Nicotinamide can also increase cellular energy by inhibiting the enzyme poly-ADP-ribose polymerase. Under normal conditions, damage to DNA activates poly-ADP-ribose polymerase. When poly-ADP-ribose polymerase is activated, it depletes the supply of NAD by transferring poly-ADP-ribose subunits from NAD to various DNA repair enzymes. The depletion of NAD leads to the depletion of ATP due to the decrease in the activity of both glycolysis and the Kreb’s Cycle. When nicotinamide inhibits the poly-ADP ribose polymerase, it essentially prevents the NAD molecules from becoming depleted.
Relationship between Nicotinamide and Nicotine^
Nicotinamide was one of the first vitamins ever discovered. Around the same time that it was discovered, scientists also found that nicotine, the addictive substance in tobacco products, can be harmful to humans. One of the ways by which nicotine causes deterimental effects in humans is that it has a similar structure to nicotinamide and can interfere with the absorption and incorporation of the vitamin. Figure J-4 shows the structures of nicotinamide and nicotine.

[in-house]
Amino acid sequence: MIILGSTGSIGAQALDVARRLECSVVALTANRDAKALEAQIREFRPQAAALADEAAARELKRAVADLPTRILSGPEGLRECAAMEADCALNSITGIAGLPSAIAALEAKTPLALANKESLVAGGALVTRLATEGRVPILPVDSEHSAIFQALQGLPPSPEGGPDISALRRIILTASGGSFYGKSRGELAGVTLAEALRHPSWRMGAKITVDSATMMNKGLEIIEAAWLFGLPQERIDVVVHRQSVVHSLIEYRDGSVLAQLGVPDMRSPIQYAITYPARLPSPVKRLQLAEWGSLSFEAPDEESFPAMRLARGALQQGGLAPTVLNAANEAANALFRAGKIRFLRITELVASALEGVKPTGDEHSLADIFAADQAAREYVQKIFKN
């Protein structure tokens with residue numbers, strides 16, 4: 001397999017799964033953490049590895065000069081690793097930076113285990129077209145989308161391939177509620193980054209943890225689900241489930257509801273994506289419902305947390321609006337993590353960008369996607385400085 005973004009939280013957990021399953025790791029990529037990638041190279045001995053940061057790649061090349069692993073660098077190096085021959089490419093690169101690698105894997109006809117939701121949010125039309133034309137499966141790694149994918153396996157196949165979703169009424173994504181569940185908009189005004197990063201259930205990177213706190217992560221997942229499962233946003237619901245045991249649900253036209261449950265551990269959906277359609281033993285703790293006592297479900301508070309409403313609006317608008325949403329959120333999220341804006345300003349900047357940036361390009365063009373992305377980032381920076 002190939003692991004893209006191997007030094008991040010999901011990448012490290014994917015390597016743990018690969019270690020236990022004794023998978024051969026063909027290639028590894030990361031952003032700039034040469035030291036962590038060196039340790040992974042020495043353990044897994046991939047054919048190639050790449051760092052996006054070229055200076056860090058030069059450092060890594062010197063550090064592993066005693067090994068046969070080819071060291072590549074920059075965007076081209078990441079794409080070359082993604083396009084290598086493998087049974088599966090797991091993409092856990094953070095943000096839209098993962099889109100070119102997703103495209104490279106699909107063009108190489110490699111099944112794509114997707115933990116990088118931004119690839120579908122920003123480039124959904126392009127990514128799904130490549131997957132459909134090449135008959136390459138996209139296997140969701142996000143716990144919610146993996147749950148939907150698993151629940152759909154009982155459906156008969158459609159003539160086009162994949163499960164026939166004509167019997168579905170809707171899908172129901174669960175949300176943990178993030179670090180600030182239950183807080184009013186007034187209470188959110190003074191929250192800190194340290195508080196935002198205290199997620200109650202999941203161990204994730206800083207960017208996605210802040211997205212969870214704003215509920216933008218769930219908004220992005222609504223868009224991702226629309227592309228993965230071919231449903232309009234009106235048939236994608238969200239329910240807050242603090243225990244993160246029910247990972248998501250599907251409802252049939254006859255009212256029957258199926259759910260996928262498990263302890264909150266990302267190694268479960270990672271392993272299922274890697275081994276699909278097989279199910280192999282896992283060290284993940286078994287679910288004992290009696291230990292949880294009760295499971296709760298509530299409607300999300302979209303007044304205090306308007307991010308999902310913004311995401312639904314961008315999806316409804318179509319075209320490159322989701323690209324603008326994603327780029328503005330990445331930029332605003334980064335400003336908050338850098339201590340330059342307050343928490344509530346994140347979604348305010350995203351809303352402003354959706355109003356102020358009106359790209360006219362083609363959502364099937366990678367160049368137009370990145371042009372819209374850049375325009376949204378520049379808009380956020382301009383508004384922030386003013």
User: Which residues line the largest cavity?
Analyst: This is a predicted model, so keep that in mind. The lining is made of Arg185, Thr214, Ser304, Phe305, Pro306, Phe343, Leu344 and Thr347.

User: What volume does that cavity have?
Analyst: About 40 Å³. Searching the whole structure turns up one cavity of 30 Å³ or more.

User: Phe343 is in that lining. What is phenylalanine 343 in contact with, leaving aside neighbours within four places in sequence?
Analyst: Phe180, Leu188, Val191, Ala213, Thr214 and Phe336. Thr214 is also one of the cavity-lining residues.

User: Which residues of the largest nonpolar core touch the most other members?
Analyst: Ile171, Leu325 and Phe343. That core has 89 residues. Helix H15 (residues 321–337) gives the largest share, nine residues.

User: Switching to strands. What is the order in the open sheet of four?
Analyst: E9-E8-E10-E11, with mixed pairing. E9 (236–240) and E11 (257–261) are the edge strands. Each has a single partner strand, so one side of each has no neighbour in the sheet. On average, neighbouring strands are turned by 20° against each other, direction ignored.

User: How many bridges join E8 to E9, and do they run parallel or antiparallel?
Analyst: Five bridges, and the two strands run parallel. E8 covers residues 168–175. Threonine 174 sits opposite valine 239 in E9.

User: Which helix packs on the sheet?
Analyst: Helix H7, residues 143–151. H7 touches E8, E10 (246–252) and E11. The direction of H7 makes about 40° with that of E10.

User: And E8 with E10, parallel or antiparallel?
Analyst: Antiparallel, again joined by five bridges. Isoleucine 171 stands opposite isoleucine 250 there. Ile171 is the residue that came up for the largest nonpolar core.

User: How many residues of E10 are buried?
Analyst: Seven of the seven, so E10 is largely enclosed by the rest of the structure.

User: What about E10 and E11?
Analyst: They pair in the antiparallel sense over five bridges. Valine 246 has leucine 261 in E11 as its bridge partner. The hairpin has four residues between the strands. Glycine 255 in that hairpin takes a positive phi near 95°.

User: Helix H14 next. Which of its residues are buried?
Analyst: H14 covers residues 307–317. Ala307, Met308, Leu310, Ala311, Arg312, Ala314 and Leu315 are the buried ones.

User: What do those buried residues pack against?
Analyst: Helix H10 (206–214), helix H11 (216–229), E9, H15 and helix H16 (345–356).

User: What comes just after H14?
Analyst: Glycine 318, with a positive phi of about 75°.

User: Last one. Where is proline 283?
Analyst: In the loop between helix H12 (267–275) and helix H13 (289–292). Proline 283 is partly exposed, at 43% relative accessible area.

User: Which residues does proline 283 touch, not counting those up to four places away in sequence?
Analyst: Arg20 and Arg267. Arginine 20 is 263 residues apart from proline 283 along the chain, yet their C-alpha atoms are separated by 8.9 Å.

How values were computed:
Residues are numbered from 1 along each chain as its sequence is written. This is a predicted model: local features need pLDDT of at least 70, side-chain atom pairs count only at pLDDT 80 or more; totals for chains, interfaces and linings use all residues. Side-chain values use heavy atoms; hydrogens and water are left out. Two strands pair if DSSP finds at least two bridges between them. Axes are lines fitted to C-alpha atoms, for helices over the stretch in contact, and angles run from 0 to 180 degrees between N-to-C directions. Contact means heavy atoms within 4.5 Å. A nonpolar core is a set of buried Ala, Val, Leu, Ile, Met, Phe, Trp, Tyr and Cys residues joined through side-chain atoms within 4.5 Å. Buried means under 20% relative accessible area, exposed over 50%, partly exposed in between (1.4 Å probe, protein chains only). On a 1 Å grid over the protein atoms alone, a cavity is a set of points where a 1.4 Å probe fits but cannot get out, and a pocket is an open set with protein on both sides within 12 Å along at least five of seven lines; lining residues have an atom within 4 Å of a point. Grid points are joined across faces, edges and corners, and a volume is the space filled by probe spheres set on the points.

Nicotine competes with nicotinamide for the binding sites in the enzymes needed for the absorption of nicotinamide, thereby lowering the amounts of nicotinamide available to cells. Figure J-5 shows a diagram depicting the competition between nicotinamide and nicotine. This competition results in the depletion of NAD molecules that the cell needs to produce energy. This is one of the reasons why smoking can worsen the condition of people with mitochondrial dysfunction.
Research on Nicotinamide^
Beal, et al. (1994) examined whether Coenzyme Q10, nicotinamide, or riboflavin can block brain lesions produced by a compound that causes a dysfunction in the mitochondria. Coenzyme Q10, also known as ubiquinone, is an antioxidant and an essential component of the electron transport chain. (For more on Coenzyme Q10, click here.) Riboflavin is a precursor of another coenzyme needed by the electron transport chain. (For more on Riboflavin, click here.)
The researchers administered the mitochondrial toxin, malonate, to a group of male rats. Malonate acts as an inhibitor of complex II of the electron transport chain and has been known to disrupt oxidative phosphorylation, leading to lowered ATP concentrations. Administration of malonate has been known to cause lesions in brains due to the deficit in energy.